“This is really a great honor,” Atlas Marketing Manager Jennifer Perillo said. “We hope our products can help others achieve their environmental needs.”
  • Green Building: St. Johns Housing Partnership, Inc. While pursuing its mission for safe, decent, and affordable housing, St. Johns Partnership added value to its efforts by introducing energy and water conservation measures.
    The company’s success in developing The Hancock Place into a sustainable community illustrates how workforce housing can be affordable and green-certified. The low-maintenance construction, energy efficiency and water conservation measures benefit the environment and keep maintenance and operating costs low for homeowners.
    Among the amenities each home has are double-pane, insulated windows, with those facing west containing a higher solar coefficient; attics insulated to create semi-conditioned space to reduce the heat load on HVAC ducts; bathrooms with 2.5 gpm low-flow showerheads and dual-flush commodes; and environmentally friendly landscaping.
    “This was a team effort,” said Robert Marshall, a partner in The Hancock Place project.
  • Leadership: Stacy Ranieri Stacy Ranieri spent the past decade focused on projects and initiatives that promote sustainable communities and a more sustainable Florida.
    Her firm, The Firefly Group, provides public relations, marketing, strategic planning and community outreach services to a diverse client base that includes large landowners

    and Fortune 500 companies as well as small businesses and non-profit organizations.
    She began focusing on sustainable community education in 2000 when Martin County was designated a Sustainable Community through a pilot project initiated by the Florida Department of Community Affairs. She spent five years pulling together a diverse representation of all of the sectors of Martin County – the natural environment, the built environment, economic and social interests, and the 501(c)(3) organization Sustainable Martin Alliance, which she helped create. In 2004, she served as a governor-appointed member of the Committee for a Sustainable Treasure Coast, uniting the business, community, environmental and political leadership to focus on a shared vision of how that region could become more sustainable.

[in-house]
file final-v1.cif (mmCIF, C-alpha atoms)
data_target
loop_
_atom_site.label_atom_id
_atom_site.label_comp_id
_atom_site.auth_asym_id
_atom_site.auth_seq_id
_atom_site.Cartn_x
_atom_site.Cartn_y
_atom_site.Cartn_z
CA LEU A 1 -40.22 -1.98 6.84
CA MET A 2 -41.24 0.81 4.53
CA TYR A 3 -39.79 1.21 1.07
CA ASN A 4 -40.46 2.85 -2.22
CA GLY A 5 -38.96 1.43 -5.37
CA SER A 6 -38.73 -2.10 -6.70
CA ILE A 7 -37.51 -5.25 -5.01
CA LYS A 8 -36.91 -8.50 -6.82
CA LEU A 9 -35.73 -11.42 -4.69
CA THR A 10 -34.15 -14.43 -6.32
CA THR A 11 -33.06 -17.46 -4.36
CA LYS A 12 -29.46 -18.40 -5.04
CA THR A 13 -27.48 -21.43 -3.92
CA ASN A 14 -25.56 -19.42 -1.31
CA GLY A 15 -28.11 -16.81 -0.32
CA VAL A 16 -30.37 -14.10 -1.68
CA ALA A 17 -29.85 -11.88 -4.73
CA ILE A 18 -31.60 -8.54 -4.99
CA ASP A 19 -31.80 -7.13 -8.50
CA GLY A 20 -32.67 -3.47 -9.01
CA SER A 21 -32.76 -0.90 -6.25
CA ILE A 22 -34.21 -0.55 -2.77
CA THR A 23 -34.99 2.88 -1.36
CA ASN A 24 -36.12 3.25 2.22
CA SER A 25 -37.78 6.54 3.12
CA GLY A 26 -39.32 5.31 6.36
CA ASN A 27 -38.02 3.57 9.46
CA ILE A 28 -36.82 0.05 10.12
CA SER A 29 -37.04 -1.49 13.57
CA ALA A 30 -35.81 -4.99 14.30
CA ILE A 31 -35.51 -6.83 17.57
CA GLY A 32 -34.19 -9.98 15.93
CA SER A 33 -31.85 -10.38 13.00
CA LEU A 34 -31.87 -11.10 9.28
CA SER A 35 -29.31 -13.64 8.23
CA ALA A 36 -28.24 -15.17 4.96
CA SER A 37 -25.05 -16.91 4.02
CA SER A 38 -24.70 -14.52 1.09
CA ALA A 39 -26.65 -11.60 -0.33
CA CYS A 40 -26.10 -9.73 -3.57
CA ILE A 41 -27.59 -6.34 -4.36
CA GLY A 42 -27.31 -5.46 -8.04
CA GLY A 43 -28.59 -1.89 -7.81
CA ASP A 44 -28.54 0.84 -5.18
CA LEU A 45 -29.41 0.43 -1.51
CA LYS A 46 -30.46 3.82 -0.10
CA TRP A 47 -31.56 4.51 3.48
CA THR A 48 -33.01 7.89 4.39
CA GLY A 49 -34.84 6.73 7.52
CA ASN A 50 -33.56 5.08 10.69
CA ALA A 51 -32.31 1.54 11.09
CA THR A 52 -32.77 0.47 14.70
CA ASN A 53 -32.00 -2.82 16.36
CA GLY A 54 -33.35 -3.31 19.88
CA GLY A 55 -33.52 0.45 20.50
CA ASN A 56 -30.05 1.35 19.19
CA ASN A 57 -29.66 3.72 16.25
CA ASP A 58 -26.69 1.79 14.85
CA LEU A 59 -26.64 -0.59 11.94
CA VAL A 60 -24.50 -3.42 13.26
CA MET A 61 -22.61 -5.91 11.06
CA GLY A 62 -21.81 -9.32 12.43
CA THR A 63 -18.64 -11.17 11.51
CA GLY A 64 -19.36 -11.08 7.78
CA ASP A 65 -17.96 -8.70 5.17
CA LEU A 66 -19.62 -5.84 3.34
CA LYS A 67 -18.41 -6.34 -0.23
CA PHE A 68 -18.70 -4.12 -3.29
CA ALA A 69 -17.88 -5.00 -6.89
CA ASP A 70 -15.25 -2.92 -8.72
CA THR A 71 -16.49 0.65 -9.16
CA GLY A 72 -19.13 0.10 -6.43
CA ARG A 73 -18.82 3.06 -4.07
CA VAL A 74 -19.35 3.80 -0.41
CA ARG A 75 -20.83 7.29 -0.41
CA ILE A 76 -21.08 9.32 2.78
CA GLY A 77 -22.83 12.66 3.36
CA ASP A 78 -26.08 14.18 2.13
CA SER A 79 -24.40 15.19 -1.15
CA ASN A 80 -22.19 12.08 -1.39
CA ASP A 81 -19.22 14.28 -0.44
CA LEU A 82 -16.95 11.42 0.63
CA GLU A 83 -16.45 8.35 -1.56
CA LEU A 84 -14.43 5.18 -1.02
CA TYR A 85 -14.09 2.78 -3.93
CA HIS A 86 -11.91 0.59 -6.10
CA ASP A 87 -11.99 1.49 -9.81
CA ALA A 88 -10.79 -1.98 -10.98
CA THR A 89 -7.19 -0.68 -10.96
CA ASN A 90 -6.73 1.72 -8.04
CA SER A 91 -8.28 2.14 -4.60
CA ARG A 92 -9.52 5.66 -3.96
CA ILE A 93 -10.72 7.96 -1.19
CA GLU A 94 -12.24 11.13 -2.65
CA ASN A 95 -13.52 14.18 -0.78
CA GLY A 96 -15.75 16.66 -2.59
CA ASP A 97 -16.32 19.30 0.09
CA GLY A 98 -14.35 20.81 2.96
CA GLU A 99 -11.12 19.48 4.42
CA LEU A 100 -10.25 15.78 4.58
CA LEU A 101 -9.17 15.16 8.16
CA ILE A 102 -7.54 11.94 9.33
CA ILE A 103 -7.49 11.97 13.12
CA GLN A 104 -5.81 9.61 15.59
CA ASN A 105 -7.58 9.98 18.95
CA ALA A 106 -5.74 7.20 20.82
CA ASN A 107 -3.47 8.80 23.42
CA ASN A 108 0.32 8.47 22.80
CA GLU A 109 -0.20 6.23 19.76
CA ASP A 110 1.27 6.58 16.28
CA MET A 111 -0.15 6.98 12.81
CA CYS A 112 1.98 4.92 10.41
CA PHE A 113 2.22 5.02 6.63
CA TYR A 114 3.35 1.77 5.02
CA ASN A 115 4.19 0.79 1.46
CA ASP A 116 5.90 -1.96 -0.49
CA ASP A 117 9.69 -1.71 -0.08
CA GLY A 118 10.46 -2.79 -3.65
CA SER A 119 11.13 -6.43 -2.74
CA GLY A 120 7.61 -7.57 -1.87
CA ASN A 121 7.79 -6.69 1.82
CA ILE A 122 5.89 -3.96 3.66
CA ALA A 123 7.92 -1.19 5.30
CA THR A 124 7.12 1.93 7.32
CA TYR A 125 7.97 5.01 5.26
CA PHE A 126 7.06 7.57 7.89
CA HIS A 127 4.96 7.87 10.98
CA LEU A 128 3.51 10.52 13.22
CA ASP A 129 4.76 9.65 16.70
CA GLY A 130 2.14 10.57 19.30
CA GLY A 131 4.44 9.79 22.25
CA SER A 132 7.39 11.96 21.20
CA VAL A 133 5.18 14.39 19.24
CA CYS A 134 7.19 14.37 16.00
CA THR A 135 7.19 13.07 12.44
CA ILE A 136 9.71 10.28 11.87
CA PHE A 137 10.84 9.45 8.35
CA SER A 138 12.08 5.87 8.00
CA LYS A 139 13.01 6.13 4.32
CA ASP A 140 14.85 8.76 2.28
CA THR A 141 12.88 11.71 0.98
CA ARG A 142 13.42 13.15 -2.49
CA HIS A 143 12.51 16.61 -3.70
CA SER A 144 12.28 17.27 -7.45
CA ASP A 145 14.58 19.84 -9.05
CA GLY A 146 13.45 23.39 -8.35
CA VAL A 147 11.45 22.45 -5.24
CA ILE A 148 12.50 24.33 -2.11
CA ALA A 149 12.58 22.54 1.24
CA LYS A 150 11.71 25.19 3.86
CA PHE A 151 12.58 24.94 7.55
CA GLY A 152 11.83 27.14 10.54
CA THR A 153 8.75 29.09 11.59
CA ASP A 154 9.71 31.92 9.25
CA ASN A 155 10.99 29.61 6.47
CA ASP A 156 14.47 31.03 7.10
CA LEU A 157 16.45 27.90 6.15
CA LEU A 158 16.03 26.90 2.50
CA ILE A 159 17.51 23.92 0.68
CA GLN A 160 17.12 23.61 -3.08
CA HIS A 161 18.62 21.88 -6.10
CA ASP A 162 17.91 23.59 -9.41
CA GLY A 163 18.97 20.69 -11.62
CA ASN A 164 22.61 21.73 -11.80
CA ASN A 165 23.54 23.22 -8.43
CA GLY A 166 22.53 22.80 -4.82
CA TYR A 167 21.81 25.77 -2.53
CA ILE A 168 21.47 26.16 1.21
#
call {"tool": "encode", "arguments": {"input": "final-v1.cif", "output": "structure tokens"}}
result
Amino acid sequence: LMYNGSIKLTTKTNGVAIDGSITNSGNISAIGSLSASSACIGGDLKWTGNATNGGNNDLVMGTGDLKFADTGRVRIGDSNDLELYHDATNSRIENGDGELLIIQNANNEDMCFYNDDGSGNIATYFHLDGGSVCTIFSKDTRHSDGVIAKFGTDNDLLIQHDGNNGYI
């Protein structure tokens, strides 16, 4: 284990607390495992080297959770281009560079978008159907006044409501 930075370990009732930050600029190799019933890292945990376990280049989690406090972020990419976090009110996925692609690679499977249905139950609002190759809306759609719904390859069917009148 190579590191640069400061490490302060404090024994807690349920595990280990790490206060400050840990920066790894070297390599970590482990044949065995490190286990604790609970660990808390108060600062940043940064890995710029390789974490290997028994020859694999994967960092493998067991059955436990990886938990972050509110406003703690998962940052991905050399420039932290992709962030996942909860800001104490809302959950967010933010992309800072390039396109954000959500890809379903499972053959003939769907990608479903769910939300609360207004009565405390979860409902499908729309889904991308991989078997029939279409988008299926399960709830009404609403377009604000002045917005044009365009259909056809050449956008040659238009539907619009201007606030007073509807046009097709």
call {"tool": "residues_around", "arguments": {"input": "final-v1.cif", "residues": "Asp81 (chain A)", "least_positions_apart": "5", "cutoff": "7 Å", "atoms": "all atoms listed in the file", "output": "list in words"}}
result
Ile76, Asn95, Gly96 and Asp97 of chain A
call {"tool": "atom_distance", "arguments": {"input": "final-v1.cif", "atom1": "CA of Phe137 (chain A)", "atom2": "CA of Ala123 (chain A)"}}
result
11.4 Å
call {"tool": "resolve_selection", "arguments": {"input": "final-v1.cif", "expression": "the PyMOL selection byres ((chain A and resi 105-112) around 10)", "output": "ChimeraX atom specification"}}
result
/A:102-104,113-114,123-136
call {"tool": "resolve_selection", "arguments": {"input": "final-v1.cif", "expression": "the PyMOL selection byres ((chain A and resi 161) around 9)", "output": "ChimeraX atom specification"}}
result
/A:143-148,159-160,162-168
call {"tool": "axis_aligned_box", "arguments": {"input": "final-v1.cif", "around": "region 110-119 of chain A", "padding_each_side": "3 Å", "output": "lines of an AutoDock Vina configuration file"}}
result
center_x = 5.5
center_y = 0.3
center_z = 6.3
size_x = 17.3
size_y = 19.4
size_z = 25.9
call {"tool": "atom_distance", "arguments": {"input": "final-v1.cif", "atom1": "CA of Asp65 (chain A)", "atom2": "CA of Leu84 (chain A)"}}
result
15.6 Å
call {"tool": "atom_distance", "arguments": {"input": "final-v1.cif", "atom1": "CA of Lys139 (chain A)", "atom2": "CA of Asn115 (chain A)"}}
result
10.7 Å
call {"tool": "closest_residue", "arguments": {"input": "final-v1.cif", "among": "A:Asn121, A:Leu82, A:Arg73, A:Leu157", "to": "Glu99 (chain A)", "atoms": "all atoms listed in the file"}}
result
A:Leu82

“If one part of the community is not healthy, that affects other parts of the community,” Ranieri said. “I am very honored and very humbled.”

  • Government: Hollywood, Fla. Hollywood Mayor Peter Bober spearheaded an effort by the city to partner with RecycleBank®, a rewards program that motivates households to recycle and make greener choices.
    As part of the program, Hollywood homeowners are provided a 96-gallon, wheeled recycling cart. An ID tag matches the cart to the address and through an account number the recycling activity is weighed with each pickup.

    Residents earn points based on the amount of garbage they recycle. Homeowners save money by redeeming recycling points at participating retailers, groceries, pharmacies and other shops.
    The city saves $98 with every ton of refuse diverted from the landfill. Mayor Bober views the unique public/private partnership as a way to protect the environment, help the local economy, keep the community clean and provide savings to Hollywood households that recycle.
    “To say this is a shock would be an understatement,” said Fred Hannon, vice president and Southeast general manager for RecycleBank. “We are pleased to see the results that Hollywood has gotten.”